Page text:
Rittal VX SE Free-Standing EnclosureRittal introduces the new VX SE free-standing enclosure system that offers greater versatility. For applications where Rittal’s AX compact enclosures are too small, and the TS 8 baying enclosures are too large - the VX SE is an ideal midway alternative for applications where baying is not required. Additionally, the VX SE size range includes a 300 mm deep version that is suitable for applications where space is limited.

The VX SE offers quicker time-to-delivery and faster, streamlined assembly, enhanced reliability, greater safety, and compatibility with other Rittal systems. 

 

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HPS CenturionHammond Power Solutions (HPS) has a new addition to their line of power quality products – HPS Centurion P Passive Harmonic Filter.

It is specifically engineered to mitigate harmonic currents created by non-linear loads. The initial product release has ratings from 5 to 500 horsepower. It improves power quality by simultaneously reducing harmonics and improving true power factor, resulting in an efficient and reliable solution.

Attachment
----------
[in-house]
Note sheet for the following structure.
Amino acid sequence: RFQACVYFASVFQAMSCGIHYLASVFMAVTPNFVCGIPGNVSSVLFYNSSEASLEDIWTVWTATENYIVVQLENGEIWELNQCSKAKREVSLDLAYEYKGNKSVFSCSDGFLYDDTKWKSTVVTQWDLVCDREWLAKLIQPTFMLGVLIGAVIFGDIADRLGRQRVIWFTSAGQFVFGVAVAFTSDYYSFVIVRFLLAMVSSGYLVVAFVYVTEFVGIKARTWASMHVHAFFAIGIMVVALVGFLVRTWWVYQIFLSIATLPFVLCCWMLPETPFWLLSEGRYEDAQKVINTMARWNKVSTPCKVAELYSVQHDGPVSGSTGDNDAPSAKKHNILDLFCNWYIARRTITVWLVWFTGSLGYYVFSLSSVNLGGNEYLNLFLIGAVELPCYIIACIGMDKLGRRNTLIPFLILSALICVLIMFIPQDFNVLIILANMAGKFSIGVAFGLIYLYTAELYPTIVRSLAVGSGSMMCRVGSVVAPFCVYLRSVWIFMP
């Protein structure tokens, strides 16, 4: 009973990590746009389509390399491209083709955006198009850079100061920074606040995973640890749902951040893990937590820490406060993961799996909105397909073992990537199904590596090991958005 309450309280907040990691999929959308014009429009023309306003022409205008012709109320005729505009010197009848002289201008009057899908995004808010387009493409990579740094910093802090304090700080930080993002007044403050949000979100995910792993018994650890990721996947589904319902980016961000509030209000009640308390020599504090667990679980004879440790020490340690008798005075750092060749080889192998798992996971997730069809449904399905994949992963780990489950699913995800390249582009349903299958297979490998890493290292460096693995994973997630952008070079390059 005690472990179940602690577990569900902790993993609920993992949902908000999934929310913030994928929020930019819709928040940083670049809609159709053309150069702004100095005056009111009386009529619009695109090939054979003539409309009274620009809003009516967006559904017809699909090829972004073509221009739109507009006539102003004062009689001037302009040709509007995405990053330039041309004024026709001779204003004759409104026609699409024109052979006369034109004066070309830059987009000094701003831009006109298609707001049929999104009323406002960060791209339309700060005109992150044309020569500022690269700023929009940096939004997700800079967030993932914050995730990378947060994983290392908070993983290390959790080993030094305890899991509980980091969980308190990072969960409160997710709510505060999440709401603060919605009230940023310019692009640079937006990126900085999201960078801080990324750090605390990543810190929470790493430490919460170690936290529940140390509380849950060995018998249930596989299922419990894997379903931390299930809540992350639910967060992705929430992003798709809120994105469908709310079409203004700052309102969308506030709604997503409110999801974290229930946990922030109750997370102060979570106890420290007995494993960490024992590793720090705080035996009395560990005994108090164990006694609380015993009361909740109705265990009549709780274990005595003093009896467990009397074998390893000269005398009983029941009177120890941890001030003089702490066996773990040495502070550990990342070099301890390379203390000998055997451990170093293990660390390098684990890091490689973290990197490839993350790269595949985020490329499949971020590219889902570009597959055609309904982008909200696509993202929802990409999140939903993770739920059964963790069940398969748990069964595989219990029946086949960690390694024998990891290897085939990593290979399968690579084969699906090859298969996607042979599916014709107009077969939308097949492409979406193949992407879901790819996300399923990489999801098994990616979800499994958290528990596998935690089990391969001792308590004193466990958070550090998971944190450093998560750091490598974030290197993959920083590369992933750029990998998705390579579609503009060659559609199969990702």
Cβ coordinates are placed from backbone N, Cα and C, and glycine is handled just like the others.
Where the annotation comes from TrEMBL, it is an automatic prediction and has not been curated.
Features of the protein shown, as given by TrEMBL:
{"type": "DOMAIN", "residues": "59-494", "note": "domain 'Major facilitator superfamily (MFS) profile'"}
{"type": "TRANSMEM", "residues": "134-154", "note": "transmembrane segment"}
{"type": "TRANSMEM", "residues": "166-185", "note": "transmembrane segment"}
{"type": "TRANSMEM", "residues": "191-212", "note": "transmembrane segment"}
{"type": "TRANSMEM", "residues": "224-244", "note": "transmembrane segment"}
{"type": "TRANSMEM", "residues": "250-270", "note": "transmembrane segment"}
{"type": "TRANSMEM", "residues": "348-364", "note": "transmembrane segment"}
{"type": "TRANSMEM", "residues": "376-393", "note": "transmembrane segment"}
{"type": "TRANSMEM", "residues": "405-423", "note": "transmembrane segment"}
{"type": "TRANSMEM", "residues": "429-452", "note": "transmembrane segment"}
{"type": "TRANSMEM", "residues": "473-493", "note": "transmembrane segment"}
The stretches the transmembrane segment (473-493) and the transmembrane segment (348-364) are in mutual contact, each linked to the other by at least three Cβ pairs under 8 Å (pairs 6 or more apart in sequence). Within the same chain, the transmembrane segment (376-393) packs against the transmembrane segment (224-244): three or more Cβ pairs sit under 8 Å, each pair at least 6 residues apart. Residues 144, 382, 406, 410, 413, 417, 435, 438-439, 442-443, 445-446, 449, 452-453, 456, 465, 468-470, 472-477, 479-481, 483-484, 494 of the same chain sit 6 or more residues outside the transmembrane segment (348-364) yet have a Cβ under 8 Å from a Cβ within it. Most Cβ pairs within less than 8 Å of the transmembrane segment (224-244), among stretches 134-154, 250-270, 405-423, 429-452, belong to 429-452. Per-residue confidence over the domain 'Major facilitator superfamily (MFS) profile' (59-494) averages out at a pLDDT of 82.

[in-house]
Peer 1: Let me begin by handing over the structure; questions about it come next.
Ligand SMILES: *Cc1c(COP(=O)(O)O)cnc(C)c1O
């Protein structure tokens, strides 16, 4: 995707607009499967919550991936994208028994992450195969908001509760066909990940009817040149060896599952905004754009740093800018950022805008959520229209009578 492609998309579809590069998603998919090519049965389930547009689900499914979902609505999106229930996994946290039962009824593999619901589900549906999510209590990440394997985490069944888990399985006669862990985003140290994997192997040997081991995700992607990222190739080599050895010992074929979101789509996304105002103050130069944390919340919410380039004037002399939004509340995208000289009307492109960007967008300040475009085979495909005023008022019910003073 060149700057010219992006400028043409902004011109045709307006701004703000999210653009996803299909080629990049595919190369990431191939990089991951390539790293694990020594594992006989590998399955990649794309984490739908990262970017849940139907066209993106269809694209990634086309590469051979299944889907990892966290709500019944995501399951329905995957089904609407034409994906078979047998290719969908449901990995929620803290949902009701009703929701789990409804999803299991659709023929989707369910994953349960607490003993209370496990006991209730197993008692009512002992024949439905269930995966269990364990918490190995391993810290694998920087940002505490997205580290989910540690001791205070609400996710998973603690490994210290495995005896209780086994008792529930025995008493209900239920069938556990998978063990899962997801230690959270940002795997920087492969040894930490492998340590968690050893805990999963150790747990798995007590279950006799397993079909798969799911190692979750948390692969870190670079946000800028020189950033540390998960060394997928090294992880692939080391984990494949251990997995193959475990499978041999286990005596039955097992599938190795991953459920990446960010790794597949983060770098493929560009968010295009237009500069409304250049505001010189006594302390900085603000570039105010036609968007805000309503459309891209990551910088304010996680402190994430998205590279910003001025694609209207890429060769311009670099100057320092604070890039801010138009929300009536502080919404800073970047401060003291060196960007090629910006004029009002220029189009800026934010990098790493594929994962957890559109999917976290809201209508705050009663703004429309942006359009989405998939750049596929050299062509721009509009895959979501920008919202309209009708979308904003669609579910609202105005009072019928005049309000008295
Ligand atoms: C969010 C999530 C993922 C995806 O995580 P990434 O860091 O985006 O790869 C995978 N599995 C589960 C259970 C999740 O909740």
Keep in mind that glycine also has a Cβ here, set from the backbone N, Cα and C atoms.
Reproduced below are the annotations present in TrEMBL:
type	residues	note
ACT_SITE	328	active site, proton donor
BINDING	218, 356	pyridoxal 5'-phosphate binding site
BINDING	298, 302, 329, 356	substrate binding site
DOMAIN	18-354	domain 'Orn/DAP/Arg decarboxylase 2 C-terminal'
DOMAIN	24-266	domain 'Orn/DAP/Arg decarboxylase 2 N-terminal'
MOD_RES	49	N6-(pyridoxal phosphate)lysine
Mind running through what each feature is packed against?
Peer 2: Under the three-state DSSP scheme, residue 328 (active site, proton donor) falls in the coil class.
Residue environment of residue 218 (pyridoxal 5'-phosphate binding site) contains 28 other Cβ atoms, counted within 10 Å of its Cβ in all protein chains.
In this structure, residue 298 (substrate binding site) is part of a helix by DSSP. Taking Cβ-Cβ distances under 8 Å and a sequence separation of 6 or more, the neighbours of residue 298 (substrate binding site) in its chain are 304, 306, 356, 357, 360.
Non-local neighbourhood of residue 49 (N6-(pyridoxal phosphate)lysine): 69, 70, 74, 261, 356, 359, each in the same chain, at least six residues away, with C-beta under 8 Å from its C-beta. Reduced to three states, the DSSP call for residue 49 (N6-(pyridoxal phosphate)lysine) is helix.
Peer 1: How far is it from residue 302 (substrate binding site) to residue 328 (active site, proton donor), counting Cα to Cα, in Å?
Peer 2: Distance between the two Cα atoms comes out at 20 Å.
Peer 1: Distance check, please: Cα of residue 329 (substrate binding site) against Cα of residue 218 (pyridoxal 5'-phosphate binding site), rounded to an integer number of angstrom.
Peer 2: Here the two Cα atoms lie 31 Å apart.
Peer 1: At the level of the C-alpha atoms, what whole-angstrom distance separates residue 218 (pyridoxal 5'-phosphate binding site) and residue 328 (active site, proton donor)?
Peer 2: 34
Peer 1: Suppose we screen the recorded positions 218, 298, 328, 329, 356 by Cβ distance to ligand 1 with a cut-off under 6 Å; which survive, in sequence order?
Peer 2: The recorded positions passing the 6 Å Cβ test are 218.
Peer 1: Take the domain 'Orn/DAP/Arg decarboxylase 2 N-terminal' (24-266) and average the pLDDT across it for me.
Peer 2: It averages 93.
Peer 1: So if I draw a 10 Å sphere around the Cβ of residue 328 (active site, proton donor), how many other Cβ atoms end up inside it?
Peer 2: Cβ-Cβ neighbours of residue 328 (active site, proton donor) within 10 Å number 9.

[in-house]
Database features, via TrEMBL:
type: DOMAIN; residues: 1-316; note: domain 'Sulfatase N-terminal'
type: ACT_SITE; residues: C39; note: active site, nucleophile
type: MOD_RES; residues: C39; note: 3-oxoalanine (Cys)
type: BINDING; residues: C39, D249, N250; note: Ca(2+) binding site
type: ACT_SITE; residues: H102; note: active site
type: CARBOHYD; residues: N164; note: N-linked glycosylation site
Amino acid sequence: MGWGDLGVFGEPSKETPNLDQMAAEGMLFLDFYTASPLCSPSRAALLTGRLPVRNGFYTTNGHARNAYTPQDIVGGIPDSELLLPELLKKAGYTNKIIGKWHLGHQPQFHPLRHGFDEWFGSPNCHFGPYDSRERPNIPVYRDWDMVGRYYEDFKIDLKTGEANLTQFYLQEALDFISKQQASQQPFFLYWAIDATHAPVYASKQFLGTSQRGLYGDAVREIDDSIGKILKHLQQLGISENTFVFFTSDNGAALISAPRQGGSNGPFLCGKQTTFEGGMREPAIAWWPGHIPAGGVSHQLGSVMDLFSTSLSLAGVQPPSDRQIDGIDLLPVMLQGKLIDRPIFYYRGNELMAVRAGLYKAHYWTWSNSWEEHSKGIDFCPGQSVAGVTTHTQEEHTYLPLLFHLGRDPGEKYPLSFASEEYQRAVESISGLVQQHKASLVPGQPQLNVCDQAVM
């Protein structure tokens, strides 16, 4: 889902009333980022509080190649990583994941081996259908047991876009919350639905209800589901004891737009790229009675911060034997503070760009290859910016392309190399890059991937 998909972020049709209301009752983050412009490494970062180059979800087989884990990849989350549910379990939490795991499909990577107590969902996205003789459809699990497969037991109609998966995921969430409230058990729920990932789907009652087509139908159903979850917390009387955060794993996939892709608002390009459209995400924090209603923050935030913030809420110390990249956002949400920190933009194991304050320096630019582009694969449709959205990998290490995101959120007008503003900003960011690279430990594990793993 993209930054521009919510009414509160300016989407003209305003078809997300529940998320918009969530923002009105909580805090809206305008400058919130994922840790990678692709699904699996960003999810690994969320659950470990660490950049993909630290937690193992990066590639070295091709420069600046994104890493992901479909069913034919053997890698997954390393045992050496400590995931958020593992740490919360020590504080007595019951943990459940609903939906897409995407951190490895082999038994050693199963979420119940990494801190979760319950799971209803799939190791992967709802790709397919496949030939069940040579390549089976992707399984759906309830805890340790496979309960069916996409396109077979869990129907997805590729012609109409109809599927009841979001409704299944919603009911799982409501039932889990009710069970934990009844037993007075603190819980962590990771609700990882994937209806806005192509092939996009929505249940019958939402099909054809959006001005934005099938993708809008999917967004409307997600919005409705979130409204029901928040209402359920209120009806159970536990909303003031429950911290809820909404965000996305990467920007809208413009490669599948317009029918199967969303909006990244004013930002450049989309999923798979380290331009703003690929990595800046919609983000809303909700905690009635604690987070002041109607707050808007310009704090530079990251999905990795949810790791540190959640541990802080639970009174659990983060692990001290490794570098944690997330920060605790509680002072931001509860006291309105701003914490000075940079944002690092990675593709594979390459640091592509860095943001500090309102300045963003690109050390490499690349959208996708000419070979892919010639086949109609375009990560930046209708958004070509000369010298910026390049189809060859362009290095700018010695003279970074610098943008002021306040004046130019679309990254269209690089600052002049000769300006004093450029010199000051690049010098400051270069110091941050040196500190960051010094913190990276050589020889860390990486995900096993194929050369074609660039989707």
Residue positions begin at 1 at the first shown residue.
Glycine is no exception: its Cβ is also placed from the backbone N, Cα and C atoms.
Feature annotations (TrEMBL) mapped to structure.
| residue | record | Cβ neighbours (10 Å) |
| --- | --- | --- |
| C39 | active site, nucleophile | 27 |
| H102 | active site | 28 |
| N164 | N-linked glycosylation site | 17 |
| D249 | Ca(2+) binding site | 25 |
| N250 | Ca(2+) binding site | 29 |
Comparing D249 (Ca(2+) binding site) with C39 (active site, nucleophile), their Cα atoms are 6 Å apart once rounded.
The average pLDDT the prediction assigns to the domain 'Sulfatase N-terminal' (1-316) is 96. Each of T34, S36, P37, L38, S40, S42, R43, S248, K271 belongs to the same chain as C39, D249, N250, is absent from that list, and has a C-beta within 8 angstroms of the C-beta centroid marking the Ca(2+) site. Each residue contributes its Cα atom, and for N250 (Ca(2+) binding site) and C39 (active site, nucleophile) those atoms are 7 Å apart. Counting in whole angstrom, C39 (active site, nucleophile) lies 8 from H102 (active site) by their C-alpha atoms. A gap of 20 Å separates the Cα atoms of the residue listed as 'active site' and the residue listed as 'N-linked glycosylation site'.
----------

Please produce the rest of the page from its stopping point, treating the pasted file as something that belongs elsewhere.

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Peers & Profiles

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“It was quite surprising,” said Stephanie Smith of being named EHRC’s Leader of the Year. ...
As an advanced networked lighting controls company serving the industrial and large commercial ...
Trilliant, an international provider of utility solutions for advanced metering and smart grid ...
For more than a century, ABB has been investing in Canadian technologies and products to support ...
Mackenzie Gillan, a bright young lady from Baysville, Ontario, tells us about how she learned ...


House of Electrical SuppliesFrom small construction to sophisticated industrial projects, House of Electrical Supplies has been servicing clients in the industrial, OEM, entertainment, and construction markets across the Greater Toronto Area for just over 40 years. The company has earned a reputation for providing a high-quality customer experience.

As per President Austin Brennan, their experienced and knowledgeable team can be depended upon in any situation to deliver quick and efficient service. On top of their product solutions — ranging from electrical, automation, safety, lighting and portable power distribution —